SHERIDAN — Curious to learn more after earning a championship win with Sheridan High School’s We the People team, Liam Brown reached out to Judge Shelley Cundiff asking for an internship. After a summer of seeing the guts and glory of the judicial system, Brown went back to complete a year-long internship through Sheridan High School.
Brown’s We the People unit researched both national and international judicial systems. Brown wanted to learn more and gain real-world exposure in hopes of securing his thoughts about possibly going into law.
The internship started casually last summer. Brown came into circuit court and helped the clerks create and organize files, and he sat in during court hearings.
With the start of the school year, Brown made the internship official through the school’s established internship program. SHS internship coordinator Heidi Richins helps connect students with community partners. Most students, Brown said, intern at Sheridan Memorial Hospital because it’s an already-established partnership. He’s the first one in the program to intern with the judicial system.
“A lot of that credit goes to Liam,” Richins said. “He was well prepared; he presented himself very well, very well spoken, and he was willing to actually knock on the door so he could talk to Judge Cundiff and say, ‘Are you willing?’ It speaks highly of him.”
Seeing the defendants attending trial changed Brown’s perspective about the system. He realized no person attending court is “the classic, stone-cold criminal.”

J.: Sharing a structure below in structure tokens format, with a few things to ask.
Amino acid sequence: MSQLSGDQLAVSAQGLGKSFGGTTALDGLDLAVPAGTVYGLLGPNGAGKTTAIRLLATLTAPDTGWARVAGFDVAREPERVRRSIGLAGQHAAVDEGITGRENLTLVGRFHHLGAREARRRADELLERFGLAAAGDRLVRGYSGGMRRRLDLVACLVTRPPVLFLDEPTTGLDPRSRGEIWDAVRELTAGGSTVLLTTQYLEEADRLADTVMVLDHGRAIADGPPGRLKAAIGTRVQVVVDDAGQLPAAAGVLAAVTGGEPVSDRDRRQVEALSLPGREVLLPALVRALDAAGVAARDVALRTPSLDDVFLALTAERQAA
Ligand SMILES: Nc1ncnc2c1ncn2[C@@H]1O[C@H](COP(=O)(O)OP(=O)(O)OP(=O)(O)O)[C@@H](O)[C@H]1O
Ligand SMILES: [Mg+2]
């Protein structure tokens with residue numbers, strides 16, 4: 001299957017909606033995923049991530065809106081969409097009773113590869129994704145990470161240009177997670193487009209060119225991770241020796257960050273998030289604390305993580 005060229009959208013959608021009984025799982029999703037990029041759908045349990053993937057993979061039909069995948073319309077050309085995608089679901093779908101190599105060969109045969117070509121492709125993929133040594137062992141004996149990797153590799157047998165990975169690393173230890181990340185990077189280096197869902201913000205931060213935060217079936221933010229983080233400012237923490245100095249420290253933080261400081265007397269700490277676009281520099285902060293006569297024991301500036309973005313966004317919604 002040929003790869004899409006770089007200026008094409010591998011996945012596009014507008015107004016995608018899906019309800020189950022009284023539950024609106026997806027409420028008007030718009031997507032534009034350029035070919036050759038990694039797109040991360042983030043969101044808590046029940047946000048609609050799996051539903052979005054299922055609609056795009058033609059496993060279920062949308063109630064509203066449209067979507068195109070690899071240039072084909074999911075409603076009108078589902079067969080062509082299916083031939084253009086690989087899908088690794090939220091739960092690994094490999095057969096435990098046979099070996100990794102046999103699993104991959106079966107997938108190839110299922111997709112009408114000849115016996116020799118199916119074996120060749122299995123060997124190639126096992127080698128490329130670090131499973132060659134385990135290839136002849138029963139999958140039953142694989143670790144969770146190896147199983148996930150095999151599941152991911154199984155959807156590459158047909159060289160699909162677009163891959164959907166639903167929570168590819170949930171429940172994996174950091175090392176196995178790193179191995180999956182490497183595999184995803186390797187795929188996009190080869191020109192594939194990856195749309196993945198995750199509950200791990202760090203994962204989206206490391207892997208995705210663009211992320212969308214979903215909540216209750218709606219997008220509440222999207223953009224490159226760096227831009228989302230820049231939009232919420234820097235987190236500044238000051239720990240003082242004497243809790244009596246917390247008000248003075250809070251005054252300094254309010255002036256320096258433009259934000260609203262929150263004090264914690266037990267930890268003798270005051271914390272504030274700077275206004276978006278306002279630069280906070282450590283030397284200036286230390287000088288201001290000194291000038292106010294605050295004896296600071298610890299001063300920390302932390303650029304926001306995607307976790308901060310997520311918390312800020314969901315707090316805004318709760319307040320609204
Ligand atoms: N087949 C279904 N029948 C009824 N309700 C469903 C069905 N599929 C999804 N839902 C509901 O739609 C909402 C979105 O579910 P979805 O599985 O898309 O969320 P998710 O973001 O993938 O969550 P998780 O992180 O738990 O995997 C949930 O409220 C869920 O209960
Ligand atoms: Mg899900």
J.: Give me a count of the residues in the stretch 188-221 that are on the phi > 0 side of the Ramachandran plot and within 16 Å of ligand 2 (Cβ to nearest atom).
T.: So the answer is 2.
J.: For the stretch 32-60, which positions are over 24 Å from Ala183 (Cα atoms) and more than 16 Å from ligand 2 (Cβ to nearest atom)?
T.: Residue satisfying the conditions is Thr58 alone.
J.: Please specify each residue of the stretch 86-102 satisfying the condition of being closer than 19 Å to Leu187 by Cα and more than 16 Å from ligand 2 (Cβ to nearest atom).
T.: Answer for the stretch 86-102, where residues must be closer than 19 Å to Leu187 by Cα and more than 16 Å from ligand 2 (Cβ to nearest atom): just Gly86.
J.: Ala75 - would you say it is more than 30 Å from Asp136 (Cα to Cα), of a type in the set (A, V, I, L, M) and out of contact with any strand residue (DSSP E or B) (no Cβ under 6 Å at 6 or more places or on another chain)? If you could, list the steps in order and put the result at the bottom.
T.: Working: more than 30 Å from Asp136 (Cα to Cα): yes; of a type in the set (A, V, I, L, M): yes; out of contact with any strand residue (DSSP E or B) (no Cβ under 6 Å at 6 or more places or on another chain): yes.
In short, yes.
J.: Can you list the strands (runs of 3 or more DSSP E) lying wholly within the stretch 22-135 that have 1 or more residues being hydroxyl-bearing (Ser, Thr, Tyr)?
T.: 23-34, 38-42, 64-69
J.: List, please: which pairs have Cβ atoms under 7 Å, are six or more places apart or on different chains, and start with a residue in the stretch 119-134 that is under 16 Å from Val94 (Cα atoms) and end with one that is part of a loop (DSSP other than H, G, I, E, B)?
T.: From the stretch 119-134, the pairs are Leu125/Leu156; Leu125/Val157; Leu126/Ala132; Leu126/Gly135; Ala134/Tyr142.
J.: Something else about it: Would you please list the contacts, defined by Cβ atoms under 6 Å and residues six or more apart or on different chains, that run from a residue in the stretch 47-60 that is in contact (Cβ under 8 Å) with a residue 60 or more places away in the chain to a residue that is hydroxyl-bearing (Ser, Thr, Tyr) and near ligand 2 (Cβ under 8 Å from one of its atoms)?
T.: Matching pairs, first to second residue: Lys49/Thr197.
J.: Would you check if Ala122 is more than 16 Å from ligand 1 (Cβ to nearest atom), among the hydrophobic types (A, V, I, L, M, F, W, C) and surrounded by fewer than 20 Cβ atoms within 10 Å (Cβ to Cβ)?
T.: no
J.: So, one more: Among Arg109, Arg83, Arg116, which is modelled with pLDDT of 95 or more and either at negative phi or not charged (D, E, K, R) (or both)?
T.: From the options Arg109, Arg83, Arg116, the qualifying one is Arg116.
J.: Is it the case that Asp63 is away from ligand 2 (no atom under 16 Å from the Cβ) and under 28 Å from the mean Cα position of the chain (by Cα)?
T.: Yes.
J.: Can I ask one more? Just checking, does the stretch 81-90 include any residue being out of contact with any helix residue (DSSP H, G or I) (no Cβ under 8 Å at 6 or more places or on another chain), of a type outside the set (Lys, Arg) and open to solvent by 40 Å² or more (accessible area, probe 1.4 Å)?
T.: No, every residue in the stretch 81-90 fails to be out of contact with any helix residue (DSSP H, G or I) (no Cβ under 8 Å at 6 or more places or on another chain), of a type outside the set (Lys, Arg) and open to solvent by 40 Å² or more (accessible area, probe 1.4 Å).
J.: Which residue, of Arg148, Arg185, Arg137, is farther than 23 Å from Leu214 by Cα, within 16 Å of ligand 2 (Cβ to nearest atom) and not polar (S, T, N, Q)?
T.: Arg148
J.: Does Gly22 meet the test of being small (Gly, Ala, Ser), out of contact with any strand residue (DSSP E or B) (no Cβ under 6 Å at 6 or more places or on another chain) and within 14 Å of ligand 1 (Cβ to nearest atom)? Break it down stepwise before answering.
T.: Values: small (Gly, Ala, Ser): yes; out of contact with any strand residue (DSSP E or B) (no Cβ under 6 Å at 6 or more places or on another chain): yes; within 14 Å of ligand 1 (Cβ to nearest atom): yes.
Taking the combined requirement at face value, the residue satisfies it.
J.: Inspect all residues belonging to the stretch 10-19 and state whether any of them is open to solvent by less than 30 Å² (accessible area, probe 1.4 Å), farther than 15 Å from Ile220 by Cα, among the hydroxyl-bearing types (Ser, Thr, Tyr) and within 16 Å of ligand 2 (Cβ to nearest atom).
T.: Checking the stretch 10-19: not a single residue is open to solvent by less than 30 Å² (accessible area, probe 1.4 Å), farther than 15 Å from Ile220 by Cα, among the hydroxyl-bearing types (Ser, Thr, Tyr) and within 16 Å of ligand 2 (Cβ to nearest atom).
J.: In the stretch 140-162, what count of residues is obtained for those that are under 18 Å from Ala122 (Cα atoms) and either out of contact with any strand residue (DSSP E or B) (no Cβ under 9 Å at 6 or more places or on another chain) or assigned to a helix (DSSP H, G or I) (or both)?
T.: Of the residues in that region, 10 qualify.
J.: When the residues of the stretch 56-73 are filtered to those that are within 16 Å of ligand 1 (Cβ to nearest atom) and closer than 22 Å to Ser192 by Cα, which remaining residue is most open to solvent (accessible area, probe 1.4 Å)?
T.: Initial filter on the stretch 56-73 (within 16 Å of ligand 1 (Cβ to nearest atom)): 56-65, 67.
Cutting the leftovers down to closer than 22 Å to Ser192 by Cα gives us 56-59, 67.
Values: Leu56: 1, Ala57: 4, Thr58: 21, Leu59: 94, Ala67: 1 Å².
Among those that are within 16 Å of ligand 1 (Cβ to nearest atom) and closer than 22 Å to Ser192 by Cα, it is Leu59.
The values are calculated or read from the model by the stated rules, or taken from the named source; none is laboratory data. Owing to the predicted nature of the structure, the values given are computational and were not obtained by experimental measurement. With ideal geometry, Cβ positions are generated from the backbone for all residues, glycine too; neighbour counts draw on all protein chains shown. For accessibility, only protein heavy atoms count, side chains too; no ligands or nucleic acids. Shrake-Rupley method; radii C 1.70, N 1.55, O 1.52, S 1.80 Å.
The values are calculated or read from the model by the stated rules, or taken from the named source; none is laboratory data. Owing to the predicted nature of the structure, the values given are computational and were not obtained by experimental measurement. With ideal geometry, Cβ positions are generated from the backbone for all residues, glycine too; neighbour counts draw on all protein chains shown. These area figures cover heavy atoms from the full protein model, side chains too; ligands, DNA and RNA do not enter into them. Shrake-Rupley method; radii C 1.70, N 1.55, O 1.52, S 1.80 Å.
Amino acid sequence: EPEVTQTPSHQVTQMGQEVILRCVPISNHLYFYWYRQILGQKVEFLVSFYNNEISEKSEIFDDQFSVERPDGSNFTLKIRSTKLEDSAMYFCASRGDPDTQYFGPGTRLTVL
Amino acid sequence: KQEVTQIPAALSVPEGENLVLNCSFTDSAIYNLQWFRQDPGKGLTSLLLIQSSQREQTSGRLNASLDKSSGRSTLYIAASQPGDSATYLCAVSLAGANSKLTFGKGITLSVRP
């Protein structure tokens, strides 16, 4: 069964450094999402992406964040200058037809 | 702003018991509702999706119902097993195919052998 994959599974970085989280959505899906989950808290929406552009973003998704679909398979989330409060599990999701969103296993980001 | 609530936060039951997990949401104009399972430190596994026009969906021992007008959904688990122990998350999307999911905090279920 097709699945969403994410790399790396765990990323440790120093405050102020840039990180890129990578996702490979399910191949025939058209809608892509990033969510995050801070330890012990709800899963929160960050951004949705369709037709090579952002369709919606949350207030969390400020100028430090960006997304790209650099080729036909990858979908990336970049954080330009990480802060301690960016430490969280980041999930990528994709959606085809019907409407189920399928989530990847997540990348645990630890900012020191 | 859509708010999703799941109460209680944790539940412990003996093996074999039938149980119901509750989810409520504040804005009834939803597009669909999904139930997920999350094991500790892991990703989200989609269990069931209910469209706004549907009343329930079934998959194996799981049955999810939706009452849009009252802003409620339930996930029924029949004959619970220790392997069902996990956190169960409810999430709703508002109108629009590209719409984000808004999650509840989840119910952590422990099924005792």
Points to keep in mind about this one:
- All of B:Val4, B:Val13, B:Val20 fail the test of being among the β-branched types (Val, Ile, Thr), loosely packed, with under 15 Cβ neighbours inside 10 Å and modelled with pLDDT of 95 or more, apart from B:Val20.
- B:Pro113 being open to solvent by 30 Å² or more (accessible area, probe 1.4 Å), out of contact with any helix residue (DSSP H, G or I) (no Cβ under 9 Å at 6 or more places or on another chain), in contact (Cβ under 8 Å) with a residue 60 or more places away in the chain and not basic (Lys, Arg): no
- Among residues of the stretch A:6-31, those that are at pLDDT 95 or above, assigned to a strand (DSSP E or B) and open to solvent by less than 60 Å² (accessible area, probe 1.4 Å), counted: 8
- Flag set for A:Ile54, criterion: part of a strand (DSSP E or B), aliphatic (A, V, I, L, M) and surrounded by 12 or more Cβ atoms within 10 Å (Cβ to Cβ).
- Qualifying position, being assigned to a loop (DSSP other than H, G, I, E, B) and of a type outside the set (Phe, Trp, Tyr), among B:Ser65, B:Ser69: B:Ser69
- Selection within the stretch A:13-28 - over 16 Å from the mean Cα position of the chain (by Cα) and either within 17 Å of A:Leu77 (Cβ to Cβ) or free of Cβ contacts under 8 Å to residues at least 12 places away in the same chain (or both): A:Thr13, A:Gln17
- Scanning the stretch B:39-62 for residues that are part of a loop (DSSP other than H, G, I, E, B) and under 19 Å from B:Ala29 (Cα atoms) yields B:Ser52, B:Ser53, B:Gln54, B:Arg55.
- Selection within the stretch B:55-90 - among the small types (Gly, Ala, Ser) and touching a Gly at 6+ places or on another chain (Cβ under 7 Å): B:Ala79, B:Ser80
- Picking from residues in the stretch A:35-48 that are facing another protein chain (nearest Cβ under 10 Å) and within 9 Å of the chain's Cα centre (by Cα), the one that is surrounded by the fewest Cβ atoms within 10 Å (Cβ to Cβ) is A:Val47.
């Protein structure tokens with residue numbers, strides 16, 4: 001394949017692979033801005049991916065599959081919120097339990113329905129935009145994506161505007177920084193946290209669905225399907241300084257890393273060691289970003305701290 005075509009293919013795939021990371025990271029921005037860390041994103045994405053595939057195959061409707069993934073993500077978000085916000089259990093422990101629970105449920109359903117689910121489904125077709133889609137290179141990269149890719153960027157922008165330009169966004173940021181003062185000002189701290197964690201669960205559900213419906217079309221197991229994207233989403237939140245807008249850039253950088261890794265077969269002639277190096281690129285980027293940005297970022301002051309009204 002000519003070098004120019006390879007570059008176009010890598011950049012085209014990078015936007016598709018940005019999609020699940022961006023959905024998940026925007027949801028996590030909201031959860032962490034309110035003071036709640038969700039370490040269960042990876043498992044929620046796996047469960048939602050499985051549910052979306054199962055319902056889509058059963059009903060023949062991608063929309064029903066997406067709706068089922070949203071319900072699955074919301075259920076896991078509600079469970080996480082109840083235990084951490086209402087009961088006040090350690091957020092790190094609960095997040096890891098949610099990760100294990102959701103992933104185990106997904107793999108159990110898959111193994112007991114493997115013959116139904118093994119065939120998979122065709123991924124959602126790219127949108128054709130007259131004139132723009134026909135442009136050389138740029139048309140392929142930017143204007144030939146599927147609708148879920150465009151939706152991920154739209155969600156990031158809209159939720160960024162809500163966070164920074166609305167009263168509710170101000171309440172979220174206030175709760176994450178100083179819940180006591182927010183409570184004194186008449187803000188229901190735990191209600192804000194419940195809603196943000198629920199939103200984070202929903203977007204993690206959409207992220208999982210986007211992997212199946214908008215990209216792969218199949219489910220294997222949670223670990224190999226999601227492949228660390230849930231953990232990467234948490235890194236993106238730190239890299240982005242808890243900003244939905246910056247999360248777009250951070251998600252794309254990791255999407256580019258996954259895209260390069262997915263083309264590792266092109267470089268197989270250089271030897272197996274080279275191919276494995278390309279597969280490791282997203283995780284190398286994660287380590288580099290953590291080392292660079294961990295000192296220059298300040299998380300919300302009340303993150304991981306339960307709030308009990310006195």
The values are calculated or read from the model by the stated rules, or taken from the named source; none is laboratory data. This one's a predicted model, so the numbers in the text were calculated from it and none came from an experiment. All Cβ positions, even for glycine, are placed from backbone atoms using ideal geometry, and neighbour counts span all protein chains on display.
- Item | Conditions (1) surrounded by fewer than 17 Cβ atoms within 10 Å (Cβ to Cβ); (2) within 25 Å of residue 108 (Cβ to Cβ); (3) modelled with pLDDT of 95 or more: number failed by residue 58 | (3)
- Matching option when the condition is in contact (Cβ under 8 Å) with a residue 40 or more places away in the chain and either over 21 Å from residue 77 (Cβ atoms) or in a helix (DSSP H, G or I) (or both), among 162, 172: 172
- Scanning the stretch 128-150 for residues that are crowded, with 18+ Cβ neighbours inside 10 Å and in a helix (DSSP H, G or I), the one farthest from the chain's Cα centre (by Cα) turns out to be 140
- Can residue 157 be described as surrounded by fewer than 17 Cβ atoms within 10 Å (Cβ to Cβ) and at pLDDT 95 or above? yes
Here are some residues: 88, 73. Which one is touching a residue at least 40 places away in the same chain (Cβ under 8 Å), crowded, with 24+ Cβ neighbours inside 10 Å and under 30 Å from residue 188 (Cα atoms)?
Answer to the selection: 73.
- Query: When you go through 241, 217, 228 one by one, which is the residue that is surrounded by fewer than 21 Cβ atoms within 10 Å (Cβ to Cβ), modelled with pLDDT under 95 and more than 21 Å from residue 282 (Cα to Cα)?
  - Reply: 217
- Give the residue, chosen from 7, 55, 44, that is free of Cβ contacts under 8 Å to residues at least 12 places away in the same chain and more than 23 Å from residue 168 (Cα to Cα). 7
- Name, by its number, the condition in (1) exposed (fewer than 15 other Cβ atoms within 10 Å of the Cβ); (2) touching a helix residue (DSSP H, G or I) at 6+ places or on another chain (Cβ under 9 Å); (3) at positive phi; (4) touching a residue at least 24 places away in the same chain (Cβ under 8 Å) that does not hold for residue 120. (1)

“From an outside perspective, it’s pretty easy to judge them,” Brown said.
“It’s really interesting when you actually hear their testimony; everyone has a story and you can really empathize with almost everybody who comes through here.”
His chats with judges, attorneys and clerks after trials and hearings proved most beneficial for him in learning about the judicial system.
“I really get a very thorough perspective on (the judicial system),” Brown said.
Brown appreciates the holistic view he receives by participating in each step in the judicial process, from filing to sentencing.
“Learning about the background of the case is really interesting,” Brown said. “When you’re watching it go on real-time, you don’t know what’s all behind it. Talking to Judge Cundiff illuminates a lot of things.”
At the end of it all, the paperwork and busy schedules add uncertainty to Brown’s future endeavors. Still, he appreciates the process.
“A very small part of it is being in court and arguing for your client,” Brown said. “But I still think it’s really interesting and it’s valuable for the community.”
Regardless of career path, the high school senior gained valuable insights into one of the nation’s branches of government.